Hey Chris- These are good points. I've definitely traded a base layer for more serious insulation and that does put a gap in my clothing for use when working hard. I have a windshirt and pants and I find that knocking the wind keeps me much warmer. But when it gets really cool- especially when hiking at night, I'll have to rely on that Cocoon pullover. I have hiked in it but never for long periods…I might have a hard time finding that middle ground. I'm set for breaks but less so when it's too cold for my shirt/windshirt and too warm for the Cocoon.
Here's another problem- too hot and I go shirtless…except for pretty minimal sunblock.
I may move things around- add more sunblock and carry a lightweight vest or second base layer. I'll have to think about it. What would you recommend- any ideas?
I am so glad I posted this list- it's getting better and better! Thanks everyone!
DougApr 16, 2007 at 8:36 pm #1386234
@pivvayLocale: Rocky Mountains
The sub 4lbs gear list is great but a 5lbs gearlist that is much more versatile is far better. Seems silly to be skimping on sunscreen and base layers just to cut that one pound out. I'd much sooner drop the electronics (camera and mp3) personally if I was just trying to reach an imaginary weight goal.
I've gone SUL light before and will again but I'll also take my heavier, warmer clothes when I'm going out in colder weather. Just keep the eye on the prize, enjoying the experience, not saying you did it with X lbs of gear.Apr 16, 2007 at 8:54 pm #1386237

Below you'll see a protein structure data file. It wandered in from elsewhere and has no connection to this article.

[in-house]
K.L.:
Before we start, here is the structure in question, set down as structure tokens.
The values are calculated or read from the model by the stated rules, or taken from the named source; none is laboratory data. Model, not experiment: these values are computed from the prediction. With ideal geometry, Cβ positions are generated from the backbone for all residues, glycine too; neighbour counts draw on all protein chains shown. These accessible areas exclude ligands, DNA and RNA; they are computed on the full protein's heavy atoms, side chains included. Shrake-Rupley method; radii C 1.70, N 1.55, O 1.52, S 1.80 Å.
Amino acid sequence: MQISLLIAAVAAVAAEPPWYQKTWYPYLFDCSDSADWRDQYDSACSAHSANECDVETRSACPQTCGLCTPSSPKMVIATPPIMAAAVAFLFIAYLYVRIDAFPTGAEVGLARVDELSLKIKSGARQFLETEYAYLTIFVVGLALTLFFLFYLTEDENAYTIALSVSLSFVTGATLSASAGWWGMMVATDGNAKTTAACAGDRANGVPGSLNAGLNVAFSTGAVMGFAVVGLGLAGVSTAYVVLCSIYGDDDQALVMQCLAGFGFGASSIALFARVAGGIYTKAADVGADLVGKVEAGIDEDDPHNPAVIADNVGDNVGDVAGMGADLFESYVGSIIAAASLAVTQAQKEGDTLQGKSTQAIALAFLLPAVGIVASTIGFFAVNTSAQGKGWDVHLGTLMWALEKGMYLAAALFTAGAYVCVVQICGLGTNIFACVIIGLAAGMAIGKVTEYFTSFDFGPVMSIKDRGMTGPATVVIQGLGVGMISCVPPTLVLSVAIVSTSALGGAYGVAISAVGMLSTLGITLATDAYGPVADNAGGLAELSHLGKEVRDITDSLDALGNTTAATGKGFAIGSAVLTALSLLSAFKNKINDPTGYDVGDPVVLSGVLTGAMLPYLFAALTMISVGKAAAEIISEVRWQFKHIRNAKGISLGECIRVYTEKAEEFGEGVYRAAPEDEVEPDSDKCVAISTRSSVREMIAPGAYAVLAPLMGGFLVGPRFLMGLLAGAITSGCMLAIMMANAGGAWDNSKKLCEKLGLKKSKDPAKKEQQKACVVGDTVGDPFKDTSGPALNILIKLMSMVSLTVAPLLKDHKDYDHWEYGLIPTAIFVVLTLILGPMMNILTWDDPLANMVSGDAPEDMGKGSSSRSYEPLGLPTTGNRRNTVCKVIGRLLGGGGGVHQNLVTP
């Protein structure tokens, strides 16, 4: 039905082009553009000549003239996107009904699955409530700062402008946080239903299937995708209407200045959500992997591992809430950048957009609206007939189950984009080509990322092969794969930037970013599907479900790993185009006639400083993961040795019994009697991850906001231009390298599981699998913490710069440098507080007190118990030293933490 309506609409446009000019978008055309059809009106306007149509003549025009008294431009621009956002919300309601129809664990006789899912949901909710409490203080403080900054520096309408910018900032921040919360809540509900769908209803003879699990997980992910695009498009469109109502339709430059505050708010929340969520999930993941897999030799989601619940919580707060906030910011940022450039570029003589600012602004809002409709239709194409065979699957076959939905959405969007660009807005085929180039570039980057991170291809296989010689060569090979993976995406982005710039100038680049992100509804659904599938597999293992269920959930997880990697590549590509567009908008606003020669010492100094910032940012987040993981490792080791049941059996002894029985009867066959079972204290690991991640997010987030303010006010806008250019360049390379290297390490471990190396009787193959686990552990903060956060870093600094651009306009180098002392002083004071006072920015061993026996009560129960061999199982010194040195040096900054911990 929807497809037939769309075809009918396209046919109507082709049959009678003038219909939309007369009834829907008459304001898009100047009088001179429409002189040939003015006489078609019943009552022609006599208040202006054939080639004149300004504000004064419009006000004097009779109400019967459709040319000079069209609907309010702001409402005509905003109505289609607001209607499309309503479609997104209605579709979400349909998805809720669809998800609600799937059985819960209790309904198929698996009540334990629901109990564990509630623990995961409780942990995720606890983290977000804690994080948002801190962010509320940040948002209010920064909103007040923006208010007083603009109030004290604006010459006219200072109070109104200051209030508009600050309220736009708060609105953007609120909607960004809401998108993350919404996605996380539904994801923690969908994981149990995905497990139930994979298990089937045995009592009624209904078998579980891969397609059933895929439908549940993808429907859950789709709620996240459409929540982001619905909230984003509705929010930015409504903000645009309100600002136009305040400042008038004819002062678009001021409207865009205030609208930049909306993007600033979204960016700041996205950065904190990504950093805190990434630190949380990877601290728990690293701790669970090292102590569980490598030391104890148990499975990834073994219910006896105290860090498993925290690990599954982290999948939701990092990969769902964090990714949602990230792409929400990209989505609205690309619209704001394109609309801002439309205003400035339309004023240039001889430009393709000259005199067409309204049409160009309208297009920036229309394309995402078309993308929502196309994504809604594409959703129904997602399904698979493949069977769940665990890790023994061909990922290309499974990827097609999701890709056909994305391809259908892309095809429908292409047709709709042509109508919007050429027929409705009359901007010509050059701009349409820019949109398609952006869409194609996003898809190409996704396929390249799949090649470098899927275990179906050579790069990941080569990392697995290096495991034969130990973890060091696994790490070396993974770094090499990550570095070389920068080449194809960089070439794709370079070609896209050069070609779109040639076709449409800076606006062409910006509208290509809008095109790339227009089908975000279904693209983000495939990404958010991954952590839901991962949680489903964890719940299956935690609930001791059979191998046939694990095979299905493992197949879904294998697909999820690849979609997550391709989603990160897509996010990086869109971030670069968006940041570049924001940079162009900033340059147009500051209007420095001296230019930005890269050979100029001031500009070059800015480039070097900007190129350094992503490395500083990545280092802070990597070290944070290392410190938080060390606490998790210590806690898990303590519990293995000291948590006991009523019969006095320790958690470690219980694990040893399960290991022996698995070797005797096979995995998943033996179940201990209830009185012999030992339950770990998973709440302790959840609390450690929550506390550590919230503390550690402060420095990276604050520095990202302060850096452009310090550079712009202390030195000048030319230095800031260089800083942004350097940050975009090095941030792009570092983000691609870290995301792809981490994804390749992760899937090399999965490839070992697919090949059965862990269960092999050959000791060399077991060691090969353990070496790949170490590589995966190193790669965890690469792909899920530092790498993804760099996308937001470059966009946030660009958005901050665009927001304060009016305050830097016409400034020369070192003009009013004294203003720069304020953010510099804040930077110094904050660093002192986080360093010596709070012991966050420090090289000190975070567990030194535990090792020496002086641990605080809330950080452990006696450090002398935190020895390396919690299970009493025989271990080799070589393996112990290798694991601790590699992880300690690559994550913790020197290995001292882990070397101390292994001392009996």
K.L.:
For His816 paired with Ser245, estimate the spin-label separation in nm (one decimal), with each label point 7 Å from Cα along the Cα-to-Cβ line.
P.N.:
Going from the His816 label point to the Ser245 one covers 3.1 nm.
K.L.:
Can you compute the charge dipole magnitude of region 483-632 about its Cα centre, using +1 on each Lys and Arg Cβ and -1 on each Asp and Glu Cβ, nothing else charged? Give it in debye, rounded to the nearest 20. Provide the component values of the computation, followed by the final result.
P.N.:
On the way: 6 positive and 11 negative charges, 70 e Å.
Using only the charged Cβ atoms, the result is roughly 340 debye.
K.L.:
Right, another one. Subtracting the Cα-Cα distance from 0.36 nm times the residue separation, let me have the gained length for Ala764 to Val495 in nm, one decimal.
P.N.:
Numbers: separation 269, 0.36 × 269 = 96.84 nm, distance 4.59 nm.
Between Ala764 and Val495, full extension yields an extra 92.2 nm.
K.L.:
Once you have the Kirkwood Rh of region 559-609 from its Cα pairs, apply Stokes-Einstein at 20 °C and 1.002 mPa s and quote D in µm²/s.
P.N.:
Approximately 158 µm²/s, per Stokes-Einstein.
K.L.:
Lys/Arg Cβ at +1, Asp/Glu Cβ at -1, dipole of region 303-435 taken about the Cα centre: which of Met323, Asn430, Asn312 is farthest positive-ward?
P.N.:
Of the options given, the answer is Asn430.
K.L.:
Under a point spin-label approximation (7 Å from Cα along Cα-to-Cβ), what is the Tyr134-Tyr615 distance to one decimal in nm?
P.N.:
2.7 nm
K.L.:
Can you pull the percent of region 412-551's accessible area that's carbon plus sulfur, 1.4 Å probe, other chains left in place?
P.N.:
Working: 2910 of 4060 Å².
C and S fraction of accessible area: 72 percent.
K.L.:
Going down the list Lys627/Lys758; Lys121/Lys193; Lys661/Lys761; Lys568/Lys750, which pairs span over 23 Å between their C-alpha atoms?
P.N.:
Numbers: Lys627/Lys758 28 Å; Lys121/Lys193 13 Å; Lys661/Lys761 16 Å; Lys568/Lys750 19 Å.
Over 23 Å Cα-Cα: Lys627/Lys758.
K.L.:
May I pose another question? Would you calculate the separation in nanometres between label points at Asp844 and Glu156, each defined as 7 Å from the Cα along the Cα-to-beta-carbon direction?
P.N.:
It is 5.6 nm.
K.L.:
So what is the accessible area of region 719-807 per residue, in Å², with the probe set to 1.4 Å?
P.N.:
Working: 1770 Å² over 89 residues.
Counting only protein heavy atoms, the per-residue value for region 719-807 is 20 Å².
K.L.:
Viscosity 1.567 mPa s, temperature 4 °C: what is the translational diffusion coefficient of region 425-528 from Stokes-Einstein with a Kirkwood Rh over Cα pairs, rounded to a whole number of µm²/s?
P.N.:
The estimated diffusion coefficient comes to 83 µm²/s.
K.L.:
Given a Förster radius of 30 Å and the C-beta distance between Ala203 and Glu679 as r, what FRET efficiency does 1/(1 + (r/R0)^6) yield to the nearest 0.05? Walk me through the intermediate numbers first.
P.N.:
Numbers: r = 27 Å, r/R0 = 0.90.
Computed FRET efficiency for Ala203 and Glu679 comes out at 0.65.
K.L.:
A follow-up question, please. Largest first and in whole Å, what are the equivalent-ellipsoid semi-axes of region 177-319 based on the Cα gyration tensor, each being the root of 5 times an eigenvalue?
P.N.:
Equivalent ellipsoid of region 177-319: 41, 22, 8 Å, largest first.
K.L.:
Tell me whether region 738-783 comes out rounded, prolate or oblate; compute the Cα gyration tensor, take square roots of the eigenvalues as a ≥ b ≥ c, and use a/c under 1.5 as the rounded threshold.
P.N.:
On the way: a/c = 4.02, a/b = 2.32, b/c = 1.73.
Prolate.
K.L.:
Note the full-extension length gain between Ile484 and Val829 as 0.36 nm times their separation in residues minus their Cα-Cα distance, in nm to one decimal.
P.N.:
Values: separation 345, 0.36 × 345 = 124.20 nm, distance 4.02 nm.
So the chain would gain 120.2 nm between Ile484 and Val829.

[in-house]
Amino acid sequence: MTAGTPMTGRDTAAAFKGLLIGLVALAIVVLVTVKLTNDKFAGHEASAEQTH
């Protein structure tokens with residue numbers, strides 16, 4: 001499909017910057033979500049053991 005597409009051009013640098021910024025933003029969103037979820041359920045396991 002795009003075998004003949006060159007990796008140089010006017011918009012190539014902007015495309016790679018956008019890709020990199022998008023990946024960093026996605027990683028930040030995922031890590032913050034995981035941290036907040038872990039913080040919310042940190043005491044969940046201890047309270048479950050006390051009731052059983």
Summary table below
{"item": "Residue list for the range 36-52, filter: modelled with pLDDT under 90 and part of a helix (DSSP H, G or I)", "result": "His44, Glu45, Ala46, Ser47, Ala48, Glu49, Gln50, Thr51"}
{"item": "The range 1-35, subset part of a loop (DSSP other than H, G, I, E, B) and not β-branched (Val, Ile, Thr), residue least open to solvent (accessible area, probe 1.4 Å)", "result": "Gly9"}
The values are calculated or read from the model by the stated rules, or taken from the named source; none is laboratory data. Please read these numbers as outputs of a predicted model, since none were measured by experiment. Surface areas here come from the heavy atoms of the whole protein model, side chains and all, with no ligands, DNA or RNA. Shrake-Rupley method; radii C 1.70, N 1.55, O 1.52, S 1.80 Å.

@milesbargerLocale: West Virginia
This list looks great. I'm putting together a sub-4 list for Yellowstone NP and the surrounding area–I'll be working there from June until late September–and have found yours very inspiring.
I just spent way too much money ordering a cocoon hoody, pants, and PRO 90 quilt. My only question/concern for your list is that the 60 quilt plus the pullover, pants, and balaclava means that you'll have approximately 1.2 inches of loft in your sleep system. Now, I know that some synthetics offer more warmth for the same loft than down, etc. etc. So I'll be very generous and say it would be equivalent to 1.5 inches of down. Even with all your clothing on, good caloric intake, etc., I'd think you'd have to be a very warm sleeper to be comfortable in that system at freezing. And you say that you sleep cold, right?
I say this not at all to criticize or call you out, just to see what your rationale about the whole system is and to plan ahead for that oh-so-glorious day when all my prepurchased Cocoon gear comes rolling into the tiny post office at Canyon and I get to integrate it into my kit.Apr 16, 2007 at 8:56 pm #1386238
you certainly have a right to your opinions but don't knock mine. I enjoy the challenge of sub 4 at home and enjoy the non-existent pack and simplified experience on the trail. It is about the experience for me- and this is part of my home experience.
And I understand that it's not always the best call- heck I just got back from backpacking with my family where I carried about 4 pounds just in diapers, baby blankets, toys and other baby stuff. I also do winter mountaineering, kayak and canoe camping, car camping and just about every other type of trip. With this pack, though, I can sneak out for a night or two (baby at home) and get deep into the backcountry very easily and have a wonderful, simple experience by my lonesome.
For me this isn't bragging rights- it's a personal challenge. Sure, it's silly and anal but it's fun for me…it's what I do as I dream about getting out.
And my 6oz of elctronics is my choice. Having music centers me and keeps me rolling and having images helps me to relive the experience.
DougApr 16, 2007 at 8:59 pm #1386239
@billybob58Locale: SE US
Is the loft of the various cocoon products listed anywhere?
BillApr 16, 2007 at 8:59 pm #1386240
Yeah, freezing is probably outside of the limit- I'm not sure! The bivy will help a lot and the truth is that it'll probably be mid-40's at night which is typical for spring Washington.
But when I've spent a few nights, I'll certainly let everyone know!
I looked hard at that Cocoon 90…so hard to decide!